Adderall, for example, is one of the drugs abused by college students. Initially doctors prescribe them for the treatment of ADHD. Many students practice doctor shopping and exchange/sell prescriptions to obtain the drug. It’s a stimulant and helps them stay up late. Like any other drug, Adderall contains severe risks for the health.
There are also other easily obtained drugs, such as cough medicines, that students abuse due to their recreational properties.
Unfortunately, there are many new drugs that are available on the Internet that can be deadly poisonous. Note that legal highs can be more dangerous than other drugs.
Substance Abuse In College & Consequences
There are many negative effects drugs cause. Drug abuse leads to many physical changes and health problems, such as high blood pressure, heart problems, and liver failure. Side effects of drugs use can include allergic reactions (hives, rash, etc.) that can be fatal. Mixing drugs can lead to breathing difficulties and coma.
In addition, drug use can lead to addiction. Unfortunately, it comes with severe withdrawal symptoms (body aches, diarrhea, dizziness, etc.).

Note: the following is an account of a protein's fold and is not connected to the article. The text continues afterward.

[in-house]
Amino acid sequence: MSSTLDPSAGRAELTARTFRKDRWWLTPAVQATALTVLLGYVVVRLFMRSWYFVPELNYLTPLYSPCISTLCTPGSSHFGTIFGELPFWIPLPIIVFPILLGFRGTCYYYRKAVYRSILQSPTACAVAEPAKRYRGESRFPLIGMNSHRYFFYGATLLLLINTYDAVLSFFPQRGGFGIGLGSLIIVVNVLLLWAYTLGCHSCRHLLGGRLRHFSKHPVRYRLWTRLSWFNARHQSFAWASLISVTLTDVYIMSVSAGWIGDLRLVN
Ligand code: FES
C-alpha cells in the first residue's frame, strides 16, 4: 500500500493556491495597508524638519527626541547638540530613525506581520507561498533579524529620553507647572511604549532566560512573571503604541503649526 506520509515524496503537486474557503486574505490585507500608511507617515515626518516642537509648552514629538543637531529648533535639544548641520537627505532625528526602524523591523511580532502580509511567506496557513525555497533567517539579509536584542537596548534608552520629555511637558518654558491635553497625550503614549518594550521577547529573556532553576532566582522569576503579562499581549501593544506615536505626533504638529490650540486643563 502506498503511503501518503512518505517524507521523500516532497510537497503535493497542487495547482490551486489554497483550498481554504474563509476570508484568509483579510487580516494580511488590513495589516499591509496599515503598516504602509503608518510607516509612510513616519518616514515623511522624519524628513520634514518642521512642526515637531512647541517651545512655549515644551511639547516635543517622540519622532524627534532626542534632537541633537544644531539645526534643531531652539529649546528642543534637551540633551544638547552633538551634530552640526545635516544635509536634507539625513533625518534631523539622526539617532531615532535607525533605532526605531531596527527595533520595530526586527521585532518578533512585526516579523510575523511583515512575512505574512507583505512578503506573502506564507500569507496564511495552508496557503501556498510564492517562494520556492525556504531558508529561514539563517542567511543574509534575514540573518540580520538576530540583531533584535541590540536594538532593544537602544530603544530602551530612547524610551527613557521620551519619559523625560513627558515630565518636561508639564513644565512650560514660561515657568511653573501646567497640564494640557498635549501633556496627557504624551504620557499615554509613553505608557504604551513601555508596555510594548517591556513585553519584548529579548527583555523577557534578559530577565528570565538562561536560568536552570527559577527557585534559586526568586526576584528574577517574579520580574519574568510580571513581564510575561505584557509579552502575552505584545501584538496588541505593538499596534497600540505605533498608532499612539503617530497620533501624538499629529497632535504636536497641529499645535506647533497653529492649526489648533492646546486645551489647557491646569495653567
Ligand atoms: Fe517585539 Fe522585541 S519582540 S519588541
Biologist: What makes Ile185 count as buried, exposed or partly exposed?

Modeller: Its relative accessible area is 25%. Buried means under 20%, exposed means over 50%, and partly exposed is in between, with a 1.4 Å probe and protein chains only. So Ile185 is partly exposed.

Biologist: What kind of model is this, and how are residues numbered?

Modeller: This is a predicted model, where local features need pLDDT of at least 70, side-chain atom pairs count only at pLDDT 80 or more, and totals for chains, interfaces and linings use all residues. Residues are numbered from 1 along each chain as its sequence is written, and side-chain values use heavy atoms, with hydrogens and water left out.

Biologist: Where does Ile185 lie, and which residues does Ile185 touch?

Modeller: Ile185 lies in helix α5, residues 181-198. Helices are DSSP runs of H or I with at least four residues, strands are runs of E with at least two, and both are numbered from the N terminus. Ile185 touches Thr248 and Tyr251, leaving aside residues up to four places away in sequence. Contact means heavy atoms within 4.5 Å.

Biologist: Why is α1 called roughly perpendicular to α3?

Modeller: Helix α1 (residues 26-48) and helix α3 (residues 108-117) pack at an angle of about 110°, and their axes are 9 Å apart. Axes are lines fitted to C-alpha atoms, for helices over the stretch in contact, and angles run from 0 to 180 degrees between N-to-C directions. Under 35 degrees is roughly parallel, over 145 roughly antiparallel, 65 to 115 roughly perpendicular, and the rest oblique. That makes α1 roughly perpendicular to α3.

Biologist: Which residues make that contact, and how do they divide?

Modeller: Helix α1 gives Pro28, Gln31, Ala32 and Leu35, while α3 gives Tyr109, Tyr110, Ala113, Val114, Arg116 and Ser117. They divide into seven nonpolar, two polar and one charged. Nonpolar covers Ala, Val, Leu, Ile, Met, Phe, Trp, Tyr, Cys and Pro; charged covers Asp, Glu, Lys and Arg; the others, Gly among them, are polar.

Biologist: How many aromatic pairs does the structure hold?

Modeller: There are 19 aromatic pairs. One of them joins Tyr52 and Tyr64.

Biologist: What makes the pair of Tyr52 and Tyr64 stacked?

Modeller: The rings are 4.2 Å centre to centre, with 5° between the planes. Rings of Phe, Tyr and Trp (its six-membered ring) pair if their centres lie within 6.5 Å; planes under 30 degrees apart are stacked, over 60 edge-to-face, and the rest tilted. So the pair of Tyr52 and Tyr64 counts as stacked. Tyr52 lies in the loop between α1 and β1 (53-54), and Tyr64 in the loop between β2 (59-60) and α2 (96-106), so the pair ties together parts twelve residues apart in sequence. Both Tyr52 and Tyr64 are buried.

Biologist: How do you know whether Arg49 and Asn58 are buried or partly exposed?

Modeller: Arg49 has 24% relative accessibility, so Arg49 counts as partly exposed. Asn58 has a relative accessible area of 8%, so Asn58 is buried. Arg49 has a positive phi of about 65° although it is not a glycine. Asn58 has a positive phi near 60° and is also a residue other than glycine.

Not only the physical status but the emotional and cognitive states of the user change. Using various substances can lead to memory problems, confusion, hallucinations, negative and suicidal thoughts, and mood swings.
All this can lead to behavioral changes, such as aggressive behavior, social isolation, and problems in one’s sexual life.
There are some indirect effects of drug abuse. Poor academic performance is a common effect due to substance abuse. One out of four students reports having lower grades due to drinking, a national survey exposes. Remember, college education in the United States is extremely expensive. Parents and authorities should work with their children towards a sober life. Not only students that use drugs suffer but non-drinking students that have to “babysit” a high colleague.
Accidents and injuries are also a severe consequence. For instance, 600,000 students suffer a drinking-related injury every year. Around 696,000 students report having been assaulted by a drunken student. Furthermore, around 97,000 people in college report having become victims of date rape or sexual assault. In addition, STD and unwanted pregnancy are some of the consequences of drug use and unsafe sex.
Maybe one of the consequences that alarms the whole nation is drink-driving. The terrifying truth is that more than 3.3 million students drive after drinking.